One student who opted for an internship is Geneva Osborne, now a senior who had an internship at the Tennessee Department of Transportation’s Region 1 Traffic Office last summer. As a traffic intern, she assisted in engineering studies and crash analyses of state routes in the 24 counties of East Tennessee. She was trained to use multiple software systems and the TITAN database to analyze potential high-crash-risk roads and worked alongside supervisors to propose solutions. “Overall, I gained a tremendous amount of experience from working at TDOT,” she said. “I now have real-world application to the concepts I’m learning in my upper-level courses and am familiar with the software used to compute potential solutions.” In addition to the technical experience she learned, Osborne also gained in communications experience. She attended public gatherings to discuss upcoming road projects with community members, law enforcement and other leaders, and she assisted in representing the office at the Fall Tennessee Section Institute of Transportation Engineers conference.
Two students who are now second-semester juniors on the co-op track are Evan Lockhart and Emma Dixon, both of whom are co-op ambassadors for the Office of Engineering Professional Practice. Lockhart’s concentration is construction, and he has enjoyed the two semesters he’s spent working for Brasfield and Gorrie, a construction company headquartered in Birmingham, AL with offices around the Southeast. “When you do a co-op, the company invests in you and sees you grow,” he says. “It actually helped me with school and I got my first 4.0 after the first rotation.” When he came back to school in the spring after that rotation, Lockhart remembers getting cross-sectional drawings from Dr. Burdette, and people would look at it and not know what they were, but he had already seen them on the jobsite. “I loved it,” he said. “I now know what’s more applicable in the real world.”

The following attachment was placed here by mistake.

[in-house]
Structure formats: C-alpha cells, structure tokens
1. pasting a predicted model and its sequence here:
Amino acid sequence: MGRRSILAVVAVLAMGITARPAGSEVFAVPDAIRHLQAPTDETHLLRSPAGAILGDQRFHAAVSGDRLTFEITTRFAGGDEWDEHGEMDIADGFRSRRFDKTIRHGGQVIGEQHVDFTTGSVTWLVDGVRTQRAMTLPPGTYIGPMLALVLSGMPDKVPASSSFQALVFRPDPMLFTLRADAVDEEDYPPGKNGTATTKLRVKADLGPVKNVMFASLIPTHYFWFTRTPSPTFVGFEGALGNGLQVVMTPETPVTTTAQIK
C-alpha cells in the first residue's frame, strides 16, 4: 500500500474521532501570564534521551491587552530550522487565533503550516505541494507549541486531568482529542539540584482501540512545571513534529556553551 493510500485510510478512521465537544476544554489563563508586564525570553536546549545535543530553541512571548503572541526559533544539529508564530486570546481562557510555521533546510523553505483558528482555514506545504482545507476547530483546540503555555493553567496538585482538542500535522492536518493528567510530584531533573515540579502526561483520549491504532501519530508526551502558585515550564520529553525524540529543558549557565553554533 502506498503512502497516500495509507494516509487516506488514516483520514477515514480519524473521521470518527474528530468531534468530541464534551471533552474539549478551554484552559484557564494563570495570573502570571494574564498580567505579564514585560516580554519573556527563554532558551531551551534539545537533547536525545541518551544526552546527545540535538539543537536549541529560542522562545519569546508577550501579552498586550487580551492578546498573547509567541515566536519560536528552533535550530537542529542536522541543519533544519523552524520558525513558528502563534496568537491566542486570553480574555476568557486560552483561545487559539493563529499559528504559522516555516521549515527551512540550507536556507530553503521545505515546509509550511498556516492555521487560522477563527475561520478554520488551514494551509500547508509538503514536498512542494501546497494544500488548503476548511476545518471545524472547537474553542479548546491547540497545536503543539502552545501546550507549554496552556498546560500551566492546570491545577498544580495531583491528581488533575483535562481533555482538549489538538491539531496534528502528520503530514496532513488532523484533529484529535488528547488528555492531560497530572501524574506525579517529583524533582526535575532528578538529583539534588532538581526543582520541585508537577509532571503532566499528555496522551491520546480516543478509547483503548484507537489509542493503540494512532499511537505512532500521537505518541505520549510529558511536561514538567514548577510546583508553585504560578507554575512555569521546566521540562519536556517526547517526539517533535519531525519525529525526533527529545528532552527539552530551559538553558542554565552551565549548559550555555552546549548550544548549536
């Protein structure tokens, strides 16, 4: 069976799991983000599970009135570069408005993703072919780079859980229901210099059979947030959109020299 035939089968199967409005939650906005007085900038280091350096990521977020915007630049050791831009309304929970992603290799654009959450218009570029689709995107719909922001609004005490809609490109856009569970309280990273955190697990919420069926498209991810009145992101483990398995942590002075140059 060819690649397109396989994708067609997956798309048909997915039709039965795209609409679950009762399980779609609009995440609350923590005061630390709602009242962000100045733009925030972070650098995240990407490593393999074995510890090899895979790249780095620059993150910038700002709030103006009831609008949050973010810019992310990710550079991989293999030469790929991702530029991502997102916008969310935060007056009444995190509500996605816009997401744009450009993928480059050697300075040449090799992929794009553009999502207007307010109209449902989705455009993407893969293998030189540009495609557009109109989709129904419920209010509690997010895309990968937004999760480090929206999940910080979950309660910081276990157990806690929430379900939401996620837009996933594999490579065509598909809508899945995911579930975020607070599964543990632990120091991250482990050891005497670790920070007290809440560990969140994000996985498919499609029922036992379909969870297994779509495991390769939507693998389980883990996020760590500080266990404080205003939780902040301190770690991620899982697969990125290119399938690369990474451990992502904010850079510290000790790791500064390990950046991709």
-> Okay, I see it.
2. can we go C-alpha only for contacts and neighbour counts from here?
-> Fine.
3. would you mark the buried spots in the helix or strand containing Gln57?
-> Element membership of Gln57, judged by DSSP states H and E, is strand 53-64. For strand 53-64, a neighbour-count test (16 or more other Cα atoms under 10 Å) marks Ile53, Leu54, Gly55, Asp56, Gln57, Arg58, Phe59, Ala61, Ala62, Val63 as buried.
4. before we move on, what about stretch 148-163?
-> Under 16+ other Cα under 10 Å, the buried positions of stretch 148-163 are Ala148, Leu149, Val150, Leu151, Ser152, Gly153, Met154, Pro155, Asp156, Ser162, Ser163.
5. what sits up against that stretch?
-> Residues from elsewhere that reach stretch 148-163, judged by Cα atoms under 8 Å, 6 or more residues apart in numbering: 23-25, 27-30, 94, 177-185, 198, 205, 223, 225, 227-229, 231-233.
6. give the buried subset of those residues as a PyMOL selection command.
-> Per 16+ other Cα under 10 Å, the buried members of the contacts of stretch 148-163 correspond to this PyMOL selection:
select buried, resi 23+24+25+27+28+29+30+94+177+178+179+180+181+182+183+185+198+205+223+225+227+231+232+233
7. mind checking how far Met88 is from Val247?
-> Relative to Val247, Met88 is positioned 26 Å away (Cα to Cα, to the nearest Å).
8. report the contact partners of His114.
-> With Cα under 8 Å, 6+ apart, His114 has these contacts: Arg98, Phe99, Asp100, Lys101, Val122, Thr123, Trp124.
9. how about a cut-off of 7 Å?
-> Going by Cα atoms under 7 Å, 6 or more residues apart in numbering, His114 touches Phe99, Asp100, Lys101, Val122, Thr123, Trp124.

Emma Dixon has also completed two rotations of a co-op with a construction firm, although she wants to take courses from all the disciplines before she officially decides on her concentration. She got connected with EMJ Construction in Chattanooga through a Fall Engineering Expo. During her first rotation she did office work and got to see how the business was managed and visit job sites for a day. However, her second rotation was on-site in Gainseville, FL, at the site of a new BassPro shop. “What’s cool about construction is that even if you don’t pursue it, it’s part of every aspect of civil engineering,” she said. “I got to see geotech and structural work, landscaping work and even mechanical and electrical engineering.” At first Dixon wasn’t sure she wanted to do an internship or a co-op, but after talking with other civil engineering majors and her parents, she decided it would be the best option for her academic path. “By the time an internship ends, you are just getting the hang of things,” she adds. “With the co-op, you have in-depth experience.”